SpaceX latest: Watch Elon Musk and co fire up the colossal Super Heavy for the first time

Elon Musk discusses future of SpaceX's Starship system

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The SpaceX rocket came to life in South Texas late on Monday (local time) at the company’s base of operations in Boca Chica. Although brief, the static fire test engulfed the base of the rocket in smoke and flames. Super Heavy is the reusable workhorse behind SpaceX’s Mars-bound Starship spacecraft.

The first-stage booster will be used to launch Starship out of Earth’s atmosphere and towards the Moon, Mars and possibly beyond.

Monday’s test marked the very first time SpaceX fans had a chance to see the stainless steel colossus in action.

During a static fire, the rocket briefly fires its engines at full throttle but remains firmly planted to the ground. 

SpaceX is aiming to launch Super Heavy and Starship on their first orbital flight later this year and static fire tests are part of the critical pre-flight testing.

This particular model has been dubbed Booster 3 and is but one in a production line of prototypes awaiting testing.

Elon Musk, the mastermind behind SpaceX, confirmed on Twitter the test went according to plan and hinted at more tests around the corner.

The South African billionaire tweeted: “Full test duration fo three Raptors on Super Heavy Booster!”

He was then quizzed by his loyal fans about the possibility of Booster 4 rolling out to the Boca Chica launchpad – or as Mr Musk calls it, Starbase.

The tech mogul replied: “Depending on progress with Booster 4, we might try a nine engine firing on Booster 3.”

Once completed, Super Heavy will be the most powerful launch vehicle ever developed by the California-based company.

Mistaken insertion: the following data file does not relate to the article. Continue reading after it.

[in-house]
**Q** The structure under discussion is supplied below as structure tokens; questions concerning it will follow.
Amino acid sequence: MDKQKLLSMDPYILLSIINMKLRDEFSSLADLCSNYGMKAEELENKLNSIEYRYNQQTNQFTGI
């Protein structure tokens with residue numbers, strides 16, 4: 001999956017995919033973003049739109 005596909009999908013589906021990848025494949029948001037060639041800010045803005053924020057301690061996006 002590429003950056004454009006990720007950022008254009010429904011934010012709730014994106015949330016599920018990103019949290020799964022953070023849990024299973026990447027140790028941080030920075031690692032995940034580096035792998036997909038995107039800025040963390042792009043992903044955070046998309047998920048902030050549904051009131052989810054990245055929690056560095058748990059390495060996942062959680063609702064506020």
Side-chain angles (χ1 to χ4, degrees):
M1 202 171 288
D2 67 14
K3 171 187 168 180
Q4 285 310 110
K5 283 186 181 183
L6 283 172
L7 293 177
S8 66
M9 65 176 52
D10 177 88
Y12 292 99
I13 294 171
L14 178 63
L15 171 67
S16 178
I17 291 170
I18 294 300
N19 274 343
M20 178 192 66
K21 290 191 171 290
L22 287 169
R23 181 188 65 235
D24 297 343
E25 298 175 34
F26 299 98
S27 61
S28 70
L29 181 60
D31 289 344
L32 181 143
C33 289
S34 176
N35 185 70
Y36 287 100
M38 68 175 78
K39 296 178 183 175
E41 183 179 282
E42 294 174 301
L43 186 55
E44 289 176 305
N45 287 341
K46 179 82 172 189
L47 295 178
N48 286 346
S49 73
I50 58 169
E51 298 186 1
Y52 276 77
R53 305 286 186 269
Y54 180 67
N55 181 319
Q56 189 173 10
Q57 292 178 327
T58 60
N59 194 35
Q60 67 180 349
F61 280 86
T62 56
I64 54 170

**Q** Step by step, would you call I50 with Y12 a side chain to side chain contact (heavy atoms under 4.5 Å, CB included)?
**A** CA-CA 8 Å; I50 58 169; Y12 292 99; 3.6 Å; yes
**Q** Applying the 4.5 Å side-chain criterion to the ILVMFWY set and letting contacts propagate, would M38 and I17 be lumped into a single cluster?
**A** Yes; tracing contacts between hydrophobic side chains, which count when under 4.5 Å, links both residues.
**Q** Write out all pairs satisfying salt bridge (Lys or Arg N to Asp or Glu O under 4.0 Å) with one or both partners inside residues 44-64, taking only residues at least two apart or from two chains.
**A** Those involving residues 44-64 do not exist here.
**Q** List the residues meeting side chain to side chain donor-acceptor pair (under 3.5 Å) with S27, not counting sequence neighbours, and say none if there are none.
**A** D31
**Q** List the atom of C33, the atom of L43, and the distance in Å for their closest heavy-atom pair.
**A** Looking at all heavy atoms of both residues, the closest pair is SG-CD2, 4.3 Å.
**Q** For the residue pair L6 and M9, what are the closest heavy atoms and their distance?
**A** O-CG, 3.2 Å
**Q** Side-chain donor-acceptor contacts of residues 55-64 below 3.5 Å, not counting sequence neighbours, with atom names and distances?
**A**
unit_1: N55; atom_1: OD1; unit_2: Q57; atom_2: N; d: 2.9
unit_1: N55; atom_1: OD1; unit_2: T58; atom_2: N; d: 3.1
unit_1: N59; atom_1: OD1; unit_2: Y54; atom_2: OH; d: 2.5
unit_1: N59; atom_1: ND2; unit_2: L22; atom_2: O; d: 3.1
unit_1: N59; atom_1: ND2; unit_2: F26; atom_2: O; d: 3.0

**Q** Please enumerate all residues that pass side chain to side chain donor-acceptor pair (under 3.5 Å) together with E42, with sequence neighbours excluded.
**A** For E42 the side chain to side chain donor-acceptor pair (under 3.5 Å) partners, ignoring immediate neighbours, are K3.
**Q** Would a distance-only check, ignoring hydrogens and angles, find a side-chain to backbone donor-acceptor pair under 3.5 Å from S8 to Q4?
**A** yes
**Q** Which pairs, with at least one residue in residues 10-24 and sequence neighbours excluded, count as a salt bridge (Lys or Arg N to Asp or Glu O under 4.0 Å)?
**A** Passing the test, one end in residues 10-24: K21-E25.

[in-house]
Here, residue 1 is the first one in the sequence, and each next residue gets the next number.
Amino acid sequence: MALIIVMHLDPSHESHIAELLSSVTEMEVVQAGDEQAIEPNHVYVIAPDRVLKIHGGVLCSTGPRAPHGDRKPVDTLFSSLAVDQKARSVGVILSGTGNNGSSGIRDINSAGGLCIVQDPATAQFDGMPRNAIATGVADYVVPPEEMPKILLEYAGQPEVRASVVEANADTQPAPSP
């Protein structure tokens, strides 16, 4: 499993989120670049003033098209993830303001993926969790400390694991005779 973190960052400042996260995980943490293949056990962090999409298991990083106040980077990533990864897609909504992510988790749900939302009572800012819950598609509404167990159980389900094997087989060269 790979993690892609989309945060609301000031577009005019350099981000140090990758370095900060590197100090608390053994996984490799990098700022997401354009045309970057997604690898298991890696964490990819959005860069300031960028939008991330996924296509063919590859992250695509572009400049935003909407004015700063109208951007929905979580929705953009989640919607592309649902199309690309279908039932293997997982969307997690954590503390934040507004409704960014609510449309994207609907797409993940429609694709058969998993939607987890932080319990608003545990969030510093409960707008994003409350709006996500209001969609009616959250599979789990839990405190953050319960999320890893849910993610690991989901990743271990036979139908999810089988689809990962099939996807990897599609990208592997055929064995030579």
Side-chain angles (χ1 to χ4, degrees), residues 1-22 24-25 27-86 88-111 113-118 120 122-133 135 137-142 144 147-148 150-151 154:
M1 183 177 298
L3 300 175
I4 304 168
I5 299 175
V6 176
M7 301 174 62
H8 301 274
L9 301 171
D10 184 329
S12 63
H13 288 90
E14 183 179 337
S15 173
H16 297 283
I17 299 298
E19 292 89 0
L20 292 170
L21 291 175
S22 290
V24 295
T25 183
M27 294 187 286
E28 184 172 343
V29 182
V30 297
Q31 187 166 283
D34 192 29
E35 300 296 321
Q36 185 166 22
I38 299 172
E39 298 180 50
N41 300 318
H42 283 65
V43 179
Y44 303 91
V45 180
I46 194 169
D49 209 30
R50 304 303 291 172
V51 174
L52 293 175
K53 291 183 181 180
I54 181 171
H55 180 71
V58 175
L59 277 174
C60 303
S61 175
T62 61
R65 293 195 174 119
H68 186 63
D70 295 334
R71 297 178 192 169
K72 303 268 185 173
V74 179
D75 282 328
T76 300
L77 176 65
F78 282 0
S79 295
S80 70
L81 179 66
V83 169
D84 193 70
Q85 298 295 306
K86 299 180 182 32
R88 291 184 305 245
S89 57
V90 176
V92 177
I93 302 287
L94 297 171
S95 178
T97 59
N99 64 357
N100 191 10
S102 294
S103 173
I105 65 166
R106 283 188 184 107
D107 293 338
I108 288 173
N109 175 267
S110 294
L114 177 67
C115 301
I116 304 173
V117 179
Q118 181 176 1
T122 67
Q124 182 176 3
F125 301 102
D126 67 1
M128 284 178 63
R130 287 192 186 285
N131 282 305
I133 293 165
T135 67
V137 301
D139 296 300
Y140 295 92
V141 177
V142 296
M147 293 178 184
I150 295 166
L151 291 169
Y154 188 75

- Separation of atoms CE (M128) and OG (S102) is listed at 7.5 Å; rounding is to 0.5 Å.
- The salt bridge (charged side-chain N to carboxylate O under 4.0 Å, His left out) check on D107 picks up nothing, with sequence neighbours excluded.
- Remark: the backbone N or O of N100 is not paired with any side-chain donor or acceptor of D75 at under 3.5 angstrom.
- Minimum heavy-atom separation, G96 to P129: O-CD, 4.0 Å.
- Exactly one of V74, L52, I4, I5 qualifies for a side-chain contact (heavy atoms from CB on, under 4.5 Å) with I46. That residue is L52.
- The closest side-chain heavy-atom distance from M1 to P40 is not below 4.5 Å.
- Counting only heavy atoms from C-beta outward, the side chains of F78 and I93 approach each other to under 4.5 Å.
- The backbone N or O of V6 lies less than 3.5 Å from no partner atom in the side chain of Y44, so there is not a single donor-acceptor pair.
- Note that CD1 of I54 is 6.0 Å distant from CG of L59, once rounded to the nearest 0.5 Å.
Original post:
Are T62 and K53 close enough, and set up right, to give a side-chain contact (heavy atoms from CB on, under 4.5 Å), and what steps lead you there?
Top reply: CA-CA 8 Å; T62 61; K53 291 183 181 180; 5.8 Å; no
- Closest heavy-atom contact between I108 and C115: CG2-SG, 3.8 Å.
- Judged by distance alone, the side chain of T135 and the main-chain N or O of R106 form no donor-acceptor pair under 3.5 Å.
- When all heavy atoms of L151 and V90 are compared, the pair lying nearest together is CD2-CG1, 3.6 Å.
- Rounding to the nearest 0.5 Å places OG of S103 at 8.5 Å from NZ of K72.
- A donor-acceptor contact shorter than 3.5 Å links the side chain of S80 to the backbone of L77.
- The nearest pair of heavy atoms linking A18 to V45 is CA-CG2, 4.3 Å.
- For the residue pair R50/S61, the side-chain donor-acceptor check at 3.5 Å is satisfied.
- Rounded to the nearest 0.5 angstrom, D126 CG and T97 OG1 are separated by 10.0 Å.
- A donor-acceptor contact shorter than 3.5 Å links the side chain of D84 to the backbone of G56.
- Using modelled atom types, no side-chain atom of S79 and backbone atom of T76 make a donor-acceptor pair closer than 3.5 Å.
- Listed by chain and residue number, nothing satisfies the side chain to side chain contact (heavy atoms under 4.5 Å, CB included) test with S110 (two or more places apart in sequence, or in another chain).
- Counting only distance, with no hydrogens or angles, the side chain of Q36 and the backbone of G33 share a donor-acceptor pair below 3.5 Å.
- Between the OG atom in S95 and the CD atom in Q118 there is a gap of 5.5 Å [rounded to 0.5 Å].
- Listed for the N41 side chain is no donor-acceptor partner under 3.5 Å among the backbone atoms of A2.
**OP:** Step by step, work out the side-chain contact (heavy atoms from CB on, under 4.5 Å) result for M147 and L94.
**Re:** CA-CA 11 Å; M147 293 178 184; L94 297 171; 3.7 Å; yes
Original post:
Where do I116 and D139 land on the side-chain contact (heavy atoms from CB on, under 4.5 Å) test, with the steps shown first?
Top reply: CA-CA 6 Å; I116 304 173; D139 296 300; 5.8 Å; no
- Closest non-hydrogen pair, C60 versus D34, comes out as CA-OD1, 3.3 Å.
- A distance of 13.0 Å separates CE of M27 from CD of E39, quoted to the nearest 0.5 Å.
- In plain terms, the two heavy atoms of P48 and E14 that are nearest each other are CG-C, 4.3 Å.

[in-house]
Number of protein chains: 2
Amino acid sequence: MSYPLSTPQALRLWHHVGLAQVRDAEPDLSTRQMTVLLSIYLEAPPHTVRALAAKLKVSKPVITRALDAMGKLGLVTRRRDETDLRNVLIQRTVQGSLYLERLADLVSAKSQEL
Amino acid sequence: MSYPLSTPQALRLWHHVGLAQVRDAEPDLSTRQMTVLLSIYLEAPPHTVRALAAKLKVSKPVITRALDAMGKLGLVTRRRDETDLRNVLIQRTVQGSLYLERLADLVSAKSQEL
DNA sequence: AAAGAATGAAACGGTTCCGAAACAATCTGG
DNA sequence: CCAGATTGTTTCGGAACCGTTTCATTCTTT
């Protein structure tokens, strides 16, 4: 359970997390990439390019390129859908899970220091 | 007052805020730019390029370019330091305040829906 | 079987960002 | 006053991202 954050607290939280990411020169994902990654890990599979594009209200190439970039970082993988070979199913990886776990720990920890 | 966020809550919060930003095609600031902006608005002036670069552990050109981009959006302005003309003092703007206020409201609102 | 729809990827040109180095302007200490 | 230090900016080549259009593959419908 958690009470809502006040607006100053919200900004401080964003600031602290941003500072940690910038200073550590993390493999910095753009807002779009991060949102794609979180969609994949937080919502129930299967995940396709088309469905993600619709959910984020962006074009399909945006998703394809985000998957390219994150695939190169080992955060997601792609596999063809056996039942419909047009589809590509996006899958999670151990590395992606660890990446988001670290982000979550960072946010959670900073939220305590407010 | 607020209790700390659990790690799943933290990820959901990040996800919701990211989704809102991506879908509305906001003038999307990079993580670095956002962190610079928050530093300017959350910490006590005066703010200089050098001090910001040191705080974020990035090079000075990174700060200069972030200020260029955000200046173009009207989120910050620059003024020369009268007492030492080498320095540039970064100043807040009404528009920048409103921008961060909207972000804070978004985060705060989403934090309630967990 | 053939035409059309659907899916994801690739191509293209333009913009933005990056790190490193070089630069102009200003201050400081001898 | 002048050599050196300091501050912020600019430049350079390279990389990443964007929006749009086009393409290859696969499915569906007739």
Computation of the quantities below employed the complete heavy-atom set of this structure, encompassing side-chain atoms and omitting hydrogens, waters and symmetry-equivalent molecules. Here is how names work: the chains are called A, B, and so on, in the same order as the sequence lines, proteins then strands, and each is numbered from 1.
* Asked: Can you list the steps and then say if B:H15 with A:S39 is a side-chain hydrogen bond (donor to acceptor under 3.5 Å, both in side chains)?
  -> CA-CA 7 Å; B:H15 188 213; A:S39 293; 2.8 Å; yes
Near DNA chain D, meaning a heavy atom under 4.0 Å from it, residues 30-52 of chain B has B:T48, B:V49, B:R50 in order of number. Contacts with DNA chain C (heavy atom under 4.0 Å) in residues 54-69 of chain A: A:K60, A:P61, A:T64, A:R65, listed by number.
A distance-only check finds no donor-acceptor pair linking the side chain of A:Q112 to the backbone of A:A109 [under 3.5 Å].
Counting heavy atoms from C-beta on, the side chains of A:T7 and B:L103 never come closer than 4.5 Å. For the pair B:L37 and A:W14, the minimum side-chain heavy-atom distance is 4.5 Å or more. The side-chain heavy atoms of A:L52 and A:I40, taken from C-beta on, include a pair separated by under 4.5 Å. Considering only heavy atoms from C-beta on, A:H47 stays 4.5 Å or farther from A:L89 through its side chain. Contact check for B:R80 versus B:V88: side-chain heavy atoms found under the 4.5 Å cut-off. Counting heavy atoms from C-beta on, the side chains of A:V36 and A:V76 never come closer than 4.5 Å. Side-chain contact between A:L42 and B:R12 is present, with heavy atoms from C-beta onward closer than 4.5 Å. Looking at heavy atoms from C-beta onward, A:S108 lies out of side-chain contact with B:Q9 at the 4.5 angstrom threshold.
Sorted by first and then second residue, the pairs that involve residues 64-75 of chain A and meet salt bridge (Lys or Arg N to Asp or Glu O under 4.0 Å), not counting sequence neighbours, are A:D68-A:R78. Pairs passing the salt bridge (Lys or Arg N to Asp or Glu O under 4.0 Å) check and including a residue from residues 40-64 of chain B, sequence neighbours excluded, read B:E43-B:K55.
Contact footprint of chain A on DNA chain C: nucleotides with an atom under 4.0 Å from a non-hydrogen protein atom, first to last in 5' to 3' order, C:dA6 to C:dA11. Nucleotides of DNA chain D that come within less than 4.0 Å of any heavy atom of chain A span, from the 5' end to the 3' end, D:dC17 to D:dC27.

Starship’s first stage is expected to be equipped with more than 30 of the company’s signature Raptor engines.

For comparison, the Falcon Heavy – the combined might of three Falcon 9 rockets – only boasts 27 engines.

Super Heavy will have the power to propel humans and cargo into orbit, at which point the Starship spacecraft will take over.

SpaceX boasts on its website: “SpaceX’s Starship spacecraft and Super Heavy rocket (collectively referred to as Starship) represent a fully reusable transportation system designed to carry both crew and cargo to Earth orbit, the Moon, Mars and beyond.

“Starship will be the world’s most powerful launch vehicle ever developed, with the ability to carry in excess of 100 metric tonnes to Earth orbit.”

The Super Heavy booster stands tall at 230ft (70m) and has a gross liftoff mass of more than 6.6 million pounds.

The rocket is powered by a mix of chilled liquid oxygen and liquid methane to escape the clutches of Earth’s gravity.

After separating from Starship after launch, each booster will return to Earth for a soft touchdown.

Originally, SpaceX envisioned landing the rocket on its six sturdy legs.

However, being the visionary that he is, Mr Musk has proposed catching the booster with its launch towers instead.

The bizarre plan would see the rocket plunge into the atmosphere towards its launch platform before being gently intercepted mid-air.

Mr Musk tweeted earlier this year: “We’re going to catch the Super Heavy Booster with the launch tower arm, using the grid fins to take the load.”

According to the billionaire, this would be a purely cost-cutting endeavour as it would save on mass and the need to install landing legs.

Towards this goal, SpaceX has purchased a number of off-shore drilling platforms to launch and land the rockets out in the ocean.

Paired with the 160ft (50m) tall Starship, the whole system will stand tall at nearly 400ft (120m).

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